Why Thirteen Lives’ Viggo Mortensen Wore The Return Of The King Shirt Again – The Hollywood Reporter
Viggo Mortensen showed up Thursday night Thirteen Lives Westwood premiere wearing the same shirt he donned for the London premiere of The Lord of the Rings: The Return of the King on Dec. 11, 2003. Make no mistake — the red carpet deja vu moment was “absolutely intentional.”
Beneath a midnight blue suit, Mortensen wore a sky blue silk shirt inspired by a United Nations flag he had custom made nearly two decades ago.
“[Thirteen Lives] is the story of a selfless international collective effort to save ordinary people – 12 children and a coach. The world came together and did something like this, not for political gain, not for money, but because it’s the right thing to do,” the actor said. The Hollywood Reporter from the Ron Howard-directed film, a narrative recreation of the dramatic 2018 cave rescue in Thailand. “These things seem to be much more popular than collective efforts for the common good, so I thought, well, I’m going to wear this shirt.”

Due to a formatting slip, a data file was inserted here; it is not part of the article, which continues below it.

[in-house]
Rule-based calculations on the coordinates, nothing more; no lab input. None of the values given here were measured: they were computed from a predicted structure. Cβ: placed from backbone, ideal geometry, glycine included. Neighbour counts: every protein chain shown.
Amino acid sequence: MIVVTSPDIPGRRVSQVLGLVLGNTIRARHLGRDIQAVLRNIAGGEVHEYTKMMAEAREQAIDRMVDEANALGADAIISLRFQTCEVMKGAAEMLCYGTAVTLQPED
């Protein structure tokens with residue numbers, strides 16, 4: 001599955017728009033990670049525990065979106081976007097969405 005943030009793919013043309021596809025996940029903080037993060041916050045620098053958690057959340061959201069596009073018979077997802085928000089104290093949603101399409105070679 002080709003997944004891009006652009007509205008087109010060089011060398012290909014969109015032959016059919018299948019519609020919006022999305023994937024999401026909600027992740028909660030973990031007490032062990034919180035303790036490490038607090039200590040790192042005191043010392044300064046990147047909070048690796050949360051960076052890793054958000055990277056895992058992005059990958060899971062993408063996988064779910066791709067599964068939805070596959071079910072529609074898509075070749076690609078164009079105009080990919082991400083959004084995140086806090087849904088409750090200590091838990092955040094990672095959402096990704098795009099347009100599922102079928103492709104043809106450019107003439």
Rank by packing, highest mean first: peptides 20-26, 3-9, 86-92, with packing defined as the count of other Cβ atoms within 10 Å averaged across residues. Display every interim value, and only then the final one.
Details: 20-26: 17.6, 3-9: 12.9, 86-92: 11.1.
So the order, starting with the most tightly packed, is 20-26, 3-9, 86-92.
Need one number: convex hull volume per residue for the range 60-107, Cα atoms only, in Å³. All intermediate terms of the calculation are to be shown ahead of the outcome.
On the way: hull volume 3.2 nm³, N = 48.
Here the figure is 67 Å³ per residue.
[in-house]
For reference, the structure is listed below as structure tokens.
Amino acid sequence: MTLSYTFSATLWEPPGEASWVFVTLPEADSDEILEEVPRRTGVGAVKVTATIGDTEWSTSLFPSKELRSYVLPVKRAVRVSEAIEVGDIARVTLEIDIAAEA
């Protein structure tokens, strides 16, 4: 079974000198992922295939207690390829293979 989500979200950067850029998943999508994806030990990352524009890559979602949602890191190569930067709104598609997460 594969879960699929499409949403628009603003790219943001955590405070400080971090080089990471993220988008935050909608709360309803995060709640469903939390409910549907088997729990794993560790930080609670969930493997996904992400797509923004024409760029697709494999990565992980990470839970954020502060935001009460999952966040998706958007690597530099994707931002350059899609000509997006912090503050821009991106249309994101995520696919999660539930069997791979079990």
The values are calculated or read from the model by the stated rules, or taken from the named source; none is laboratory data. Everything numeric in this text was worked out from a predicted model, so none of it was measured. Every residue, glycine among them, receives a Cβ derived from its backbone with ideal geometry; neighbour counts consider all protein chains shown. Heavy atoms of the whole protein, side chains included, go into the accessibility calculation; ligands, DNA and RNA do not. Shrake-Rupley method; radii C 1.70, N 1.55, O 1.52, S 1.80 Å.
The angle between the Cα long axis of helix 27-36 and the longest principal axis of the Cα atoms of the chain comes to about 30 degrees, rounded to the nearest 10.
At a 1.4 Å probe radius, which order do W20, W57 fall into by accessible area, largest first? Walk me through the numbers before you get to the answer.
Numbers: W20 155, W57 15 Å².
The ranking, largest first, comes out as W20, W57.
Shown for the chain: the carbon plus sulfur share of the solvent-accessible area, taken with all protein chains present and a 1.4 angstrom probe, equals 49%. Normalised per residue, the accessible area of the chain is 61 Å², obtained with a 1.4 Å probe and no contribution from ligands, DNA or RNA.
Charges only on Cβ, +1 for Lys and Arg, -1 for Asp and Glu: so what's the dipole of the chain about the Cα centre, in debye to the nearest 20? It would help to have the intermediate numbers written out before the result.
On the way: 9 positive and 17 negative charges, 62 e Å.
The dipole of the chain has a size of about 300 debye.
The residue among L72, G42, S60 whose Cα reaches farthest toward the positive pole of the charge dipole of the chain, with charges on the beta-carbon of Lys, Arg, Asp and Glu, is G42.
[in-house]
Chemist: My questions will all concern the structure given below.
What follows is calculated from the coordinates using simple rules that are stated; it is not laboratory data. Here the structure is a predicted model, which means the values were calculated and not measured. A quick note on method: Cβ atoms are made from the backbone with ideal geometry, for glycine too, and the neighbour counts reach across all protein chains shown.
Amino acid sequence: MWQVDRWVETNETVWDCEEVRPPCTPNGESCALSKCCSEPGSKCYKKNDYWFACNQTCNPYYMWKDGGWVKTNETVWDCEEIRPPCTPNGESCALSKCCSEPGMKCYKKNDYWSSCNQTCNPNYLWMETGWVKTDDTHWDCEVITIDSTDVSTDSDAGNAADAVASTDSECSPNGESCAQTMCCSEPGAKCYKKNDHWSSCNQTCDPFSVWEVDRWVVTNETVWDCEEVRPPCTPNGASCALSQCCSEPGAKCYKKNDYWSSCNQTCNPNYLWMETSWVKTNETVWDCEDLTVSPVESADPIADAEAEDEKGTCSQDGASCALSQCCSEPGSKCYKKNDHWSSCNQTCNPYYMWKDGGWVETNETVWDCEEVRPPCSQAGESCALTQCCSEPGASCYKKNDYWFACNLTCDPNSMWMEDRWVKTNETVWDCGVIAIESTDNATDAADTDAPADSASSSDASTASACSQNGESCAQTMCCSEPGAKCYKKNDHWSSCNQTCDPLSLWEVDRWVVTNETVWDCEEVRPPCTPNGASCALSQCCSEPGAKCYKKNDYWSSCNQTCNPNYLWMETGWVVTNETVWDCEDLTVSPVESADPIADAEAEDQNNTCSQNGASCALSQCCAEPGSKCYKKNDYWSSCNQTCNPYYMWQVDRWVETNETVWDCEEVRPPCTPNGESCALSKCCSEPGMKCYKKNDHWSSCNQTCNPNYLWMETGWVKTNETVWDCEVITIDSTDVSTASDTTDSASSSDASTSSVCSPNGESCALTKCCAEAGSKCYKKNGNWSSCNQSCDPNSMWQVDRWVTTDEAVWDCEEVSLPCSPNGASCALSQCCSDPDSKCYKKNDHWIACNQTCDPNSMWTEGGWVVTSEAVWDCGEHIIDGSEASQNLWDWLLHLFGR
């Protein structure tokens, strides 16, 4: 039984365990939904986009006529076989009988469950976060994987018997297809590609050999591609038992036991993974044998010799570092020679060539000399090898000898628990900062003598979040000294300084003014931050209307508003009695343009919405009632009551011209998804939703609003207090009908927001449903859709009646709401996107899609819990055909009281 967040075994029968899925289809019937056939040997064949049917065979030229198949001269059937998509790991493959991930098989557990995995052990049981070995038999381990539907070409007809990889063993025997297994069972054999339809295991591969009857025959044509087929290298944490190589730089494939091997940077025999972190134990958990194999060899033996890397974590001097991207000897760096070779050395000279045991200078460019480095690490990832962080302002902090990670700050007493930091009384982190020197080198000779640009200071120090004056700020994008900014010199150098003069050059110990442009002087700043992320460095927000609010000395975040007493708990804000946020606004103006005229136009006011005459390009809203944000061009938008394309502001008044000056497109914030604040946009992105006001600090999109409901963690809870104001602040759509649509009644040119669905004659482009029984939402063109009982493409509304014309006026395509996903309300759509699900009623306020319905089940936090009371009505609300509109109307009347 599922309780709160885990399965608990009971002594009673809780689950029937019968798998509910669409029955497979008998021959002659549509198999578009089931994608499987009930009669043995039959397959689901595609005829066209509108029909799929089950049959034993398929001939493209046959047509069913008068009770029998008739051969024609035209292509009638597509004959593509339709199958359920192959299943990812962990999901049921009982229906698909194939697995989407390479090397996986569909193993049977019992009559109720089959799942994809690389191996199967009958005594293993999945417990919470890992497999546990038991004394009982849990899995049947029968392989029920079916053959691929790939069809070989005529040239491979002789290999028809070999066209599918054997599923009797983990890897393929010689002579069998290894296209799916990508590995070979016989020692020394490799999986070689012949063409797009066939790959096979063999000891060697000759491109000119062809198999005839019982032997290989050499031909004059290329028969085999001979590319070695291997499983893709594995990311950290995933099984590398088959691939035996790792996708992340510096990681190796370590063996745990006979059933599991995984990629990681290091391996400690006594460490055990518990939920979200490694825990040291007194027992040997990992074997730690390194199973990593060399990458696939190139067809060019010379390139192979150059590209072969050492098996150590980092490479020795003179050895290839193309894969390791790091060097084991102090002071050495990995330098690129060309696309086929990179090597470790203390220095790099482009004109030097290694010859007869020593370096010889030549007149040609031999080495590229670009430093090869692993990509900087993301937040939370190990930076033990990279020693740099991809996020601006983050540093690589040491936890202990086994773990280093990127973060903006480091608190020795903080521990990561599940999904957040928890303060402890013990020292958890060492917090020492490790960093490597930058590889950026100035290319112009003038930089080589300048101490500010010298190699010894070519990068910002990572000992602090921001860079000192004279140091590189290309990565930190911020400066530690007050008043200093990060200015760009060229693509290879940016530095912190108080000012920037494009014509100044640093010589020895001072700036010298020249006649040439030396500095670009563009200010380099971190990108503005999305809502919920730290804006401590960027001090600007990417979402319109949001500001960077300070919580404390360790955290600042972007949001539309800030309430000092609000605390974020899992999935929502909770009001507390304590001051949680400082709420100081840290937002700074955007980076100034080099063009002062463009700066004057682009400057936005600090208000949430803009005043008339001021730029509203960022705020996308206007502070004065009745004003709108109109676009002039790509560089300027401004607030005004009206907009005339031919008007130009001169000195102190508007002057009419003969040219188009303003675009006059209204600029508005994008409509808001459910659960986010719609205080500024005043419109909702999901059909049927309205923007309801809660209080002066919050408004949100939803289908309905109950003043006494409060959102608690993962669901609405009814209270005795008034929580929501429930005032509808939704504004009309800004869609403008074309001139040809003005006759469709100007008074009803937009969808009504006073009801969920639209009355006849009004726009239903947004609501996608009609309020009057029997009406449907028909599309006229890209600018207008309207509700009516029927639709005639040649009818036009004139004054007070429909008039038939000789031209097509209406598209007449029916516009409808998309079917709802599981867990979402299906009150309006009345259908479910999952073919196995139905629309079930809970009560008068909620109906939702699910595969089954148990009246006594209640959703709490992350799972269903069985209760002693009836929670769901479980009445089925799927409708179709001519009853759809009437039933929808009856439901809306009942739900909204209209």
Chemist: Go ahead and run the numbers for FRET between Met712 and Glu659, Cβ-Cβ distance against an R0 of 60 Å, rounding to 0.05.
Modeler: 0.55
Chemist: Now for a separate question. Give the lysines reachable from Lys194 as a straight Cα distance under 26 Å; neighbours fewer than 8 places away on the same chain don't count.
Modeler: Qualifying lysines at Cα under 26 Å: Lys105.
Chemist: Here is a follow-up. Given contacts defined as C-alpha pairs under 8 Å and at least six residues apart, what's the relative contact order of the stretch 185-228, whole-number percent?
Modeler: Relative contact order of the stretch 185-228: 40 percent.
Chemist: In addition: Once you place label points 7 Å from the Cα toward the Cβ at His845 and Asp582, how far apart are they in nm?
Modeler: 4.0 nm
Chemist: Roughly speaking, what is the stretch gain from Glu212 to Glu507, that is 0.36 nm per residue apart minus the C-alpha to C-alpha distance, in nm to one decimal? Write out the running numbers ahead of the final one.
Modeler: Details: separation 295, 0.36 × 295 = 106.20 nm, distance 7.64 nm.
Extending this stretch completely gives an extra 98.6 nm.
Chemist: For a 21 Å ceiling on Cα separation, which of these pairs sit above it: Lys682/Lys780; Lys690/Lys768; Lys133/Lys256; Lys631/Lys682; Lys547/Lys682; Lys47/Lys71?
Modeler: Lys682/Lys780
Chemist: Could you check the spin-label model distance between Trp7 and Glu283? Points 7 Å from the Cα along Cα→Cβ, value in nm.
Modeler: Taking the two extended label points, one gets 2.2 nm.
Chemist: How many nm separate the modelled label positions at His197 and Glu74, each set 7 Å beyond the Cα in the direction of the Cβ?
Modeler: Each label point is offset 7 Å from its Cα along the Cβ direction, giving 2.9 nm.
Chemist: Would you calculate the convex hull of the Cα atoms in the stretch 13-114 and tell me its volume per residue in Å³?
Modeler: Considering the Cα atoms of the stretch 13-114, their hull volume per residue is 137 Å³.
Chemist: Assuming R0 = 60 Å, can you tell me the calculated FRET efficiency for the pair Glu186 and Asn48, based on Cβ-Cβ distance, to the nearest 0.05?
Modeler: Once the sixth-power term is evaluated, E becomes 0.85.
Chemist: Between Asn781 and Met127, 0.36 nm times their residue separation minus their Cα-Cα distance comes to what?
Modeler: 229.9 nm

When he put it on for Peter Jackson Return of the King For his UK debut, he also sent a sartorial message. “Because it’s a story of people from different cultures coming together for the common good,” he said of the third installment in Jackson’s hit franchise about the battle between good and evil to the fate of Middle-earth. “So I thought I’d pull it out of the closet and wear it again.”
The common good kept rolling off his tongue, so it seemed obvious to ask Mortensen how he was navigating the increasingly fractured situation in the world. Although he admits it’s hard, stories like Thirteen Lives and his happy ending remind him of power in unity. Playing real-life lifeguard diver Rick Stanton, he stars alongside Colin Farrell, Joel Edgerton and Tom Bateman in the MGM/UA/Bron/Prime Video, in theaters now.
“I lose my temper all the time and try not to let go of the idea that human beings aren’t inherently evil because sometimes that’s the way it is,” he explains. ” I have good hope. stories like [Thirteen Lives] remind me of that because it’s a real thing, and it happened just a few years ago.
“People can do whatever it takes,” he continues. “People can be compassionate and look beyond culture, language, race, socioeconomic status and say, ‘No. It’s the right thing. Let’s all get together and do this. No one will make money and we might die trying, but it’s the right thing to do. I wish there were many more things like this in the world.